Current Defense Secretary Leon E. Panetta, who had previously served as the Director of the CIA, assumed the role at the Pentagon after Robert Gates stepped down in July 2011.

Leon Panetta himself has said he doesn’t think he would remain in the post during Barack Obama’s second term but in a moment of candor told reporters “who the hell knows?” when he was asked about his future.

“It’s no secret that at some point I’d like to get back to California,” he said on Monday.

The Monterey native moved to DC to serve as a Congressman from 1977 to 1993 and was served as President Bill Clinton’s White House Chief of Staff from 1994 to 1997.

He later served as Director of the Office of Management and Budget from 1993–1994.

And with the personnel changes expected to soon come down the pipeline, Leon Panetta could soon have his wish fulfilled.

Though John Kerry has been the top name floated as a replacement for Leon Panetta, sources told The Post that Deputy Defense Secretary Ashton B. Carter and former undersecretary for policy at the Pentagon, Michele Flour­noy, have also been mentioned as contenders.

John Kerry, who is Chairman of the Senate Committee on Foreign Relations, is expected to have earned a place among Barack Obama’s top brass – especially after his defense of the president’s national security record at the Democratic National Convention in Charlotte in September.

Barack Obama’s appointments are expected to be announced any day now though his press secretary, Jay Carney, remained tight lipped on any potential changes in his first press briefing since Obama’s reelection on November 9.

The President will hold a full press conference this coming Wednesday, in the White House’s East Room, where the president will take questions from the press and possibly announce major changes to his cabinet.

Libyan authorities have arrested some 50 people in connection with Tuesday deadly attack on the US consulate in Benghazi, the president of Libya’s interim assembly has said.

Mohamed Magarief told CBS News he had “no doubt” the attack was pre-planned.

That appears to contradict US envoy to the UN Susan Rice who told ABC that the evidence suggested it had been part of “spontaneous” protests.

US Ambassador Chris Stevens and three other US consulate staff were killed.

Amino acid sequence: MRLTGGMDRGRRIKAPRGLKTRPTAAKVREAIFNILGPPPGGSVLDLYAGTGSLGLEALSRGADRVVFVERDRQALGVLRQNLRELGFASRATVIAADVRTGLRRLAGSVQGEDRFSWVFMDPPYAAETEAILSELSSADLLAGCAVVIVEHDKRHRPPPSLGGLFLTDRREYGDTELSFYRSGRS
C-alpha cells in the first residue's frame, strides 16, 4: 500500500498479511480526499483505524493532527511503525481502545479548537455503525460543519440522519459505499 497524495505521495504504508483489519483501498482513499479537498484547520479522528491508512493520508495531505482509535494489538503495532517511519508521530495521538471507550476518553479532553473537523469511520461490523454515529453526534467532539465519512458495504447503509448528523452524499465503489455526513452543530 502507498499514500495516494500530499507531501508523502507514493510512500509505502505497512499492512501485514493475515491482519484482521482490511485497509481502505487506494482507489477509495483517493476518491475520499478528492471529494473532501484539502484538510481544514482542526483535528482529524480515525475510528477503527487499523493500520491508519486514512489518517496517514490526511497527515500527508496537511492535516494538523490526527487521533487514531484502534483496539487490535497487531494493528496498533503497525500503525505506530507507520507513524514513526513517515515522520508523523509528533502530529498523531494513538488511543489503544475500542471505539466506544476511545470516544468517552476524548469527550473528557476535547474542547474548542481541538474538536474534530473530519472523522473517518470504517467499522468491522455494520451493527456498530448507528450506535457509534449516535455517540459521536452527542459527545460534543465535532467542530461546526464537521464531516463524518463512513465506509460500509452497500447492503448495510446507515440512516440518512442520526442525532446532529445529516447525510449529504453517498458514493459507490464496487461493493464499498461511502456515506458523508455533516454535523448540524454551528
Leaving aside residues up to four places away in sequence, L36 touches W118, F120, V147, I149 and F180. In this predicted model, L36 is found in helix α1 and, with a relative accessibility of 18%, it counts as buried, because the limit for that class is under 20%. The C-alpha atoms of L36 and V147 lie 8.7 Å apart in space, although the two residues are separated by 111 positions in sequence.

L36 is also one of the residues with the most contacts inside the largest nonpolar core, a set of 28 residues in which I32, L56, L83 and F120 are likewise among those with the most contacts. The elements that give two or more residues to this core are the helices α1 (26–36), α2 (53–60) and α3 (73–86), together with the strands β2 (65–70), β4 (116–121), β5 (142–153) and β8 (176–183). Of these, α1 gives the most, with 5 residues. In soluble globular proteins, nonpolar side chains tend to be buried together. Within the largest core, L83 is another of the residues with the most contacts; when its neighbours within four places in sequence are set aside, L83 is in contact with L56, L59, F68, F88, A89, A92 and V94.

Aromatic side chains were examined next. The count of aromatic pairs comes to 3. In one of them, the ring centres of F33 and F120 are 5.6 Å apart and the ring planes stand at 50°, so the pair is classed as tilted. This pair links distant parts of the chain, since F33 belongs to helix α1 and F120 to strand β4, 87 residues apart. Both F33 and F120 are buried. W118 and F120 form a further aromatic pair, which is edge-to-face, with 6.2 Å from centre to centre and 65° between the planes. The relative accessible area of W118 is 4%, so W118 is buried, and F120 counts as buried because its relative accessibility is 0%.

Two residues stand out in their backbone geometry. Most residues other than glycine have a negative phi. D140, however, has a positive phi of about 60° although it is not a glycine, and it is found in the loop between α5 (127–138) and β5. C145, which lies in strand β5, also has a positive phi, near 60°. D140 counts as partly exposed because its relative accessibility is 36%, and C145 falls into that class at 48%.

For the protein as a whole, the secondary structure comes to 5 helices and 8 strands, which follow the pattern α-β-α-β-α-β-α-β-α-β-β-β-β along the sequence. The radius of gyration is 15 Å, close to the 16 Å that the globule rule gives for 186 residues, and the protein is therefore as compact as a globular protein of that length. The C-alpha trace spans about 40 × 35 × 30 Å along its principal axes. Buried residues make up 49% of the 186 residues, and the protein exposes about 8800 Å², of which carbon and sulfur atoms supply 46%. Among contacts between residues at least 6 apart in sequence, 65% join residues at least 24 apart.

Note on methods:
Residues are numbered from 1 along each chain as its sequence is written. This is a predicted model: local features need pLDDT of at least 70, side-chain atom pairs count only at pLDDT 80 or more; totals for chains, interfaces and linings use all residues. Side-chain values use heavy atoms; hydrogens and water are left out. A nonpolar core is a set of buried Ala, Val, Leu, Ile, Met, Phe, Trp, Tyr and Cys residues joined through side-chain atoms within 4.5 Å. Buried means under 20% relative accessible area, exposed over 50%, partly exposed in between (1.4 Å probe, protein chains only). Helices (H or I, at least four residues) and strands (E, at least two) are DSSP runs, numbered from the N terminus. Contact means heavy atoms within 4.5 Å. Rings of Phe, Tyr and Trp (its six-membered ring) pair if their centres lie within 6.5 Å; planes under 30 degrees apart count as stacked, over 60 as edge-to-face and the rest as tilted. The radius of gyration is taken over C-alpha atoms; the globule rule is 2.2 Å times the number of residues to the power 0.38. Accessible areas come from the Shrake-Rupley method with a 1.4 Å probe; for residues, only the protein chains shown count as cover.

They died when the consulate in Benghazi was set ablaze, in protests apparently inspired by demonstrations at the US embassy in the Egyptian capital, Cairo.

It was part of a wave of violent protests in the Muslim world over an anti-Islam film made in the US.

Libyan authorities have arrested some 50 people in connection with Tuesday deadly attack on the US consulate in Benghazi

Libyan authorities have arrested some 50 people in connection with Tuesday deadly attack on the US consulate in Benghazi

Some of the suspects in last Tuesday’s violence in Benghazi were from outside Libya, Mohamed Magarief told CBS News.

“It was planned, definitely, it was planned by foreigners, by people who entered the country a few months ago, and they were planning this criminal act since their arrival,” he said.

He said the suspects were connected to al-Qaeda, or its “affiliates and maybe sympathizers”.

“We don’t know what are the real intentions of these perpetrators,” he said.

“They entered Libya from different directions. Some of them definitely from Mali and Algeria.”

Al-Qaeda in the Arabian Peninsula has said in a statement the attack avenged the killing of Abu Yahya al-Libi – a Libyan-born al-Qaeda commander killed in June by a US drone strike in the North Waziristan-Afghan borderlands.

Susan Rice, meanwhile, told ABC that the the US’s “current best assessment” was that “this began as a spontaneous not a pre-meditated response” to the protests in Cairo.

“As that unfolded it seems to have been hijacked, let us say, by some individual clusters of extremists who came with heavier weapons, weapons that as you know in the wake of the revolution in Libya are quite common and accessible and then it evolved from there,” she added.

The Benghazi violence was followed by a string of attacks on US consulates, embassies and business interests across the Middle East and north Africa. British, Swiss, German and Dutch properties were also targeted.

Two people were killed during protests outside the US embassy in the Tunisian capital, Tunis on Friday, while three were killed in clashes in the Sudanese capital, Khartoum.

On Saturday, the US ordered all non-essential staff to leave Tunisia and Sudan, fearing further violence. The US had asked Sudan for permission to send troops to protect its Khartoum embassy, but the request was turned down.

A State Department statement also advised US citizens in Tunisia to leave by commercial flights and those in Sudan to “exercise caution at all times”.

The Canadian government announced on Sunday it was closing its embassies in Sudan, Libya and Egypt for the day as a precautionary measure.

The US and Canadian announcements came as Al-Qaeda in the Arabian Peninsula called for fresh attacks against Western embassies, describing the recent unrest as “a great event”, and urging protesters to unite to “expel the embassies of America from the lands of the Muslims”, AP reports.

Meanwhile a man involved in producing the film – a low-budget, amateurish production called Innocence of Muslims – has been questioned by police in the US.

Nakoula Basseley Nakoula has admitted his role in the film but investigators are trying to find out whether he was the internet user named “sambacile” who posted a clip of it online.

He was freed on probation in June 2011 on condition that he did not use the internet without authorization or assume aliases.

Nakoula Basseley Nakoula was released by police after questioning and may have gone into hiding, the Associated Press reports.